Though chances are, even if I do, you’ll have another three years to prepare for that.

Fantastic Beasts and Where to Find Them

It is time, once again, to throw all caution and sense of self-preservation to the teeth of the gale.

In other words, I have decided to write about Fantastic Beasts and Where to Find Them, the first movie in the spin-off/prequel series to the Harry Potter movies.

Obviously, seeing as the movie is fairly new, there may be readers who haven’t seen it yet. So, if you don’t want the movie spoiled, you should probably stop reading right about here.

Now, first of all, the thing I should make clear about this movie is this: I liked it. It was a fine, enjoyable film. My issue, and subsequently this article, concerns just one thing. One part of this movie caught my nitpicky attention, because in my opinion, it was handled completely the wrong way!

That something being The reveal of Gellert Grindelwald.

A quick recap. At the end of the movie, the Obscurial has been destroyed by MACUSA. Percival Graves, who has attempted to track down the Obscurial, declares that the law against exposing the world of magic only exists to protect muggles, rather than wizards, and that he refuses to obey that law any longer. The President of MACUSA orders her Aurors to relieve Graves of his wand. When Graves attempts to leave, they raise a magic shield to stop him.

In response, Graves attacks the Aurors, while making his way towards the President herself, presumably to kill her.

This is where Newt releases one of his creatures, which catches Graves. He then casts a spell, which reveals Percival Graves as really being Gellert Grindelwald in disguise all along!

So, what is wrong with this reveal?

If you pardon me being flippant, I think the better question is: what’s RIGHT about it? This reveal is done completely wrong, on every single level! Let me explain.

Firstly, there’s the storytelling perspective. Could someone tell me how Newt knows “Graves” is wearing a disguise? Wouldn’t it be more reasonable to assume he was just a follower of Grindelwald? He just instinctively knows, despite the complete lack of any indication to suggest this is the case. You’d think someone, somewhere, would give some token line of “ Percival had a mole on his eyebrow” or “Graves wasn’t right handed“. But no! Newt just knows, because of plot convenience.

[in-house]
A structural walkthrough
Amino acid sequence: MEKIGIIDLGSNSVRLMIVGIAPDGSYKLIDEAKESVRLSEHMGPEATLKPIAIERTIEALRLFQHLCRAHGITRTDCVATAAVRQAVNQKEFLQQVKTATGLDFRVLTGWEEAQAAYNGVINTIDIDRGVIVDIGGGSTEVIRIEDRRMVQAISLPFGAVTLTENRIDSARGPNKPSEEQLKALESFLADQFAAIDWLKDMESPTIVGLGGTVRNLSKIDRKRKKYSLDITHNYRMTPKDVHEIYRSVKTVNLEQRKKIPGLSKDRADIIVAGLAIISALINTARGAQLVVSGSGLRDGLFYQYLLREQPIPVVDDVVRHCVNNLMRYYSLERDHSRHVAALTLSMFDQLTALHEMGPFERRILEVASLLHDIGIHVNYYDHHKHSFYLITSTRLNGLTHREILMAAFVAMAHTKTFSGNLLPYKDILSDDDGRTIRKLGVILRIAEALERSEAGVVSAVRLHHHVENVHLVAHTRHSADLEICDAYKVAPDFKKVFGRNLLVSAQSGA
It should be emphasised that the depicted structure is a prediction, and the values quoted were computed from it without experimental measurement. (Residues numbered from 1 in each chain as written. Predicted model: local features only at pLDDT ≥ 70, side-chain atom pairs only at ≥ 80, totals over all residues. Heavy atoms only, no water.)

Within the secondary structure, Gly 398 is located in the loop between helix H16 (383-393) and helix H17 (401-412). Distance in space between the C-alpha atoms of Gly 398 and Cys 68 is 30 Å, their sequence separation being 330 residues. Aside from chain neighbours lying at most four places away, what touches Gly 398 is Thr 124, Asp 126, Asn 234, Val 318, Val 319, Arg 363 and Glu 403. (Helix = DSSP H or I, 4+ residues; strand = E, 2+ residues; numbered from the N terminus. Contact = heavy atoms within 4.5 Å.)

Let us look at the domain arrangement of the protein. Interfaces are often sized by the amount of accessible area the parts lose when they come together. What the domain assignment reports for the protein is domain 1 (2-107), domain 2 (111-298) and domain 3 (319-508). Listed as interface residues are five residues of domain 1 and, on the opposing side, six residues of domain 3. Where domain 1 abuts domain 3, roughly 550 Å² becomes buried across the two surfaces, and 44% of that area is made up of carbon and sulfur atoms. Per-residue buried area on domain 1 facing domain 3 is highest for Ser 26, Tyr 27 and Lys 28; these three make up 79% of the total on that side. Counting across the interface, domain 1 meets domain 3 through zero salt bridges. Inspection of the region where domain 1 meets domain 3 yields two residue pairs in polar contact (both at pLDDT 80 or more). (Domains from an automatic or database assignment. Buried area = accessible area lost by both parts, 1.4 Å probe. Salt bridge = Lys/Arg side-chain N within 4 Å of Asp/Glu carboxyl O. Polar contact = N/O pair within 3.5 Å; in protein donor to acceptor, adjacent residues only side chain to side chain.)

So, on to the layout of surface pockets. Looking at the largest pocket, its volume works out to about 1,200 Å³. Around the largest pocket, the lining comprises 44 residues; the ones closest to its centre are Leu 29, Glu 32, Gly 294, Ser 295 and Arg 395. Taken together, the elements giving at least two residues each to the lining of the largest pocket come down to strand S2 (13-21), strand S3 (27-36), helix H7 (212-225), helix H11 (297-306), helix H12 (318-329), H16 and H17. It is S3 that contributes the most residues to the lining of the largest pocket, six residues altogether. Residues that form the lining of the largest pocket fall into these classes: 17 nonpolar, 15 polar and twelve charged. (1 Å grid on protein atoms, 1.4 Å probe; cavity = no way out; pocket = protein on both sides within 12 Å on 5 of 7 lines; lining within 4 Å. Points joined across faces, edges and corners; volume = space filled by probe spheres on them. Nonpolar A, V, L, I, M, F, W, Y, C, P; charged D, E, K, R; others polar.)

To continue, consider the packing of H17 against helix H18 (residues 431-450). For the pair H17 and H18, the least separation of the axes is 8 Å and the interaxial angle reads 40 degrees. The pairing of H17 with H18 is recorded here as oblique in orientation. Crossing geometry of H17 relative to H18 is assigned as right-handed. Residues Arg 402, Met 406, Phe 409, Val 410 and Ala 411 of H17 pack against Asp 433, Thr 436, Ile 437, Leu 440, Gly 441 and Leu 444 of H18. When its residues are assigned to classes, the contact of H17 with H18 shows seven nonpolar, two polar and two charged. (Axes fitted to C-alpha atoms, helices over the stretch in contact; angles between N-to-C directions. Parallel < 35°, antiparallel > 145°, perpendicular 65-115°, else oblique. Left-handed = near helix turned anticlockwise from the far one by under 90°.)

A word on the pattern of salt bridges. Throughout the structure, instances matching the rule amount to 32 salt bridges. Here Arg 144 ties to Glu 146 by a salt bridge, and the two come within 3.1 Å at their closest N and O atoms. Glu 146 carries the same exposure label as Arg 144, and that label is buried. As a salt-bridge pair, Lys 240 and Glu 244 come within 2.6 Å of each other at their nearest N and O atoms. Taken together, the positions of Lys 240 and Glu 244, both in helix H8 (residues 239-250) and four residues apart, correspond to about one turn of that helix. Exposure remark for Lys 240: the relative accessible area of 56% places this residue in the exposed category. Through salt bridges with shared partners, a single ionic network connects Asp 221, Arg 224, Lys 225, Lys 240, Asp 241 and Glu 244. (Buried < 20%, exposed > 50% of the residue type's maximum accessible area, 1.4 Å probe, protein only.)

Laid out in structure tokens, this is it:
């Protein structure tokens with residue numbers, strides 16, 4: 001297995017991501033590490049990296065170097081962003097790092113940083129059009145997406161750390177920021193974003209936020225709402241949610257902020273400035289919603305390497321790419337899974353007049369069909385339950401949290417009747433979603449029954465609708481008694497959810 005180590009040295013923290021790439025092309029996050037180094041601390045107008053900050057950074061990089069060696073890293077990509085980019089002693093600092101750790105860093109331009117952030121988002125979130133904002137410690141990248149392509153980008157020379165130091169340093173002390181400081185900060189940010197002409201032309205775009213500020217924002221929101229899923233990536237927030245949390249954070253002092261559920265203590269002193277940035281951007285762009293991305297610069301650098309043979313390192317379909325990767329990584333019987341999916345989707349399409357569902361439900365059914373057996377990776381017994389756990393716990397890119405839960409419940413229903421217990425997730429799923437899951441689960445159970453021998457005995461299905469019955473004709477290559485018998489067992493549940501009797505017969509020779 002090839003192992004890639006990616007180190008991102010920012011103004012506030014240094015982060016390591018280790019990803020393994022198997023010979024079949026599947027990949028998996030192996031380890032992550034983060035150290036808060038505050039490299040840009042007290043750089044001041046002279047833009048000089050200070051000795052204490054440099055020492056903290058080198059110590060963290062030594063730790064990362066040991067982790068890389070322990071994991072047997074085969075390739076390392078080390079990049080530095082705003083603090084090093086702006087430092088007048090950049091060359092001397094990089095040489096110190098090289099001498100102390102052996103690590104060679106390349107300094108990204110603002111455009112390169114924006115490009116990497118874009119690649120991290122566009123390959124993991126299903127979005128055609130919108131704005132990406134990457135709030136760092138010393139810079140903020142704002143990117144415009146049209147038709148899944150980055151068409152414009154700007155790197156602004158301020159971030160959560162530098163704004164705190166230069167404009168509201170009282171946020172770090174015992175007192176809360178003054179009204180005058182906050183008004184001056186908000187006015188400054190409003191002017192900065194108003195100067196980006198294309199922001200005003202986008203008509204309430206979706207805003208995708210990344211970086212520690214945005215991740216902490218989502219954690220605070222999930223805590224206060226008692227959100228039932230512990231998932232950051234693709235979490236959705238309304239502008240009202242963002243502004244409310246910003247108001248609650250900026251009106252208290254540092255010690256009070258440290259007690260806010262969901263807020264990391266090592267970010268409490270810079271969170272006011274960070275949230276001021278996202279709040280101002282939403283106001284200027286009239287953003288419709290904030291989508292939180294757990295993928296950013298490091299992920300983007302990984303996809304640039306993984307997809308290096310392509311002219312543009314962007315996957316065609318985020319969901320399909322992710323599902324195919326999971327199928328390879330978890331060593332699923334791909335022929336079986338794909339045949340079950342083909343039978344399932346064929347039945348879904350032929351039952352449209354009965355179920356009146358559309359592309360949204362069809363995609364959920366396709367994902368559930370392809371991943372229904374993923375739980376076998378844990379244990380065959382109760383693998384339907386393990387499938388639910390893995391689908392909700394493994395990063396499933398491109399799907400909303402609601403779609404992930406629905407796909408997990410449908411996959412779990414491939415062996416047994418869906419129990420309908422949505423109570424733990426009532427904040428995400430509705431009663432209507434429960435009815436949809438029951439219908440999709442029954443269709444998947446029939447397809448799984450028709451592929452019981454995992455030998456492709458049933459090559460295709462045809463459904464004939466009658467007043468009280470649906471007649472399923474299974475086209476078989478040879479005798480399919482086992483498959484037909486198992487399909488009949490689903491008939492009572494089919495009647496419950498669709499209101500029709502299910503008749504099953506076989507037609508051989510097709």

Also, there’s the way he restrains Grindelwald. He releases the Swooping Evil, which turns into a restraining webwork around Grindelwalds arms.

That ability comes completely out of fucking nowhere! Since when could it do that? It never does that at any other point in the entire movie! There’s no foreshadowing or chekovs gun-like moment where Newt goes ”Oh, and it can also turn into a sticky cobweb to restrain people”. It suddenly just can, because the plot demands it!

Then there’s the meta perspective. I know it might not always seem it, but I really like Harry Potter. I wouldn’t be so good at disproving fan theories about this franchise, if I weren’t familiar and cared about the lore and story. And it’s safe to say most people who watch this movie will also be fairly familiar with that lore.

What that means, is that we know Grindelwald won’t be stopped by this. This is a completely empty victory, because pretty much everyone knows he will escape.

And for reasons that I’ll get to soon, it’ll happen pretty damn quickly.

Because now, we reach the matter of internal logic. Unless Grindelwald escaped within one day of being captured, this ending is really stupid. Remember that exchange between him and President Piquery when his true identity was revealed?

– Do you think you can hold me?
– We’ll do our best, Mr. Grindelwald.

Here’s the thing: They don’t NEED to hold him! Think about it. What is stopping them from just executing him?!

It has been established that the death penalty exists in this society. It’s not like the execution chamber was destroyed when Newt and Tina escaped! All that happened was the chair burned up, which was part of the procedure, and somehow, I think they can get a new floating chair! There’s not all that much to stop them beyond that, as far as I can tell.

After all, there didn’t seem to be that much red tape involved when Newt and Tina were sentenced to death. Yes, that was Grindelwald in disguise, but considering the two executioners didn’t seem that conflicted about it, I’d say it means Percival Graves had the authority, at least in extreme circumstances, to issue a death sentence. Otherwise, it would be really tricky for Grindelwald to explain why a foreign national and a MACUSA official were suddenly sentenced to death without a trial. If you’re trying to lay low, overstepping your bounds like that isn’t exactly a good strategy.

Don’t get me wrong. I am very much against the death penalty. I am just going by the rules already established. Newt was sentenced to death, ostensibly due to suspicion of trying to use an obscurus to expose the wizarding world, in order to spark off an all out war between Muggles and Wizards. And this was done even though Newt Scamander is a British national. This means that extradition is most likely not an issue here.

Gellert Grindelwald, to our knowledge, is guilty of multiple murders, torture, the kidnapping and impersonating and possibly murder of a MACUSA Official…

AS WELL as trying to use an Obscurus to expose the wizarding world, in order to spark off an all out war between Muggles and Wizards.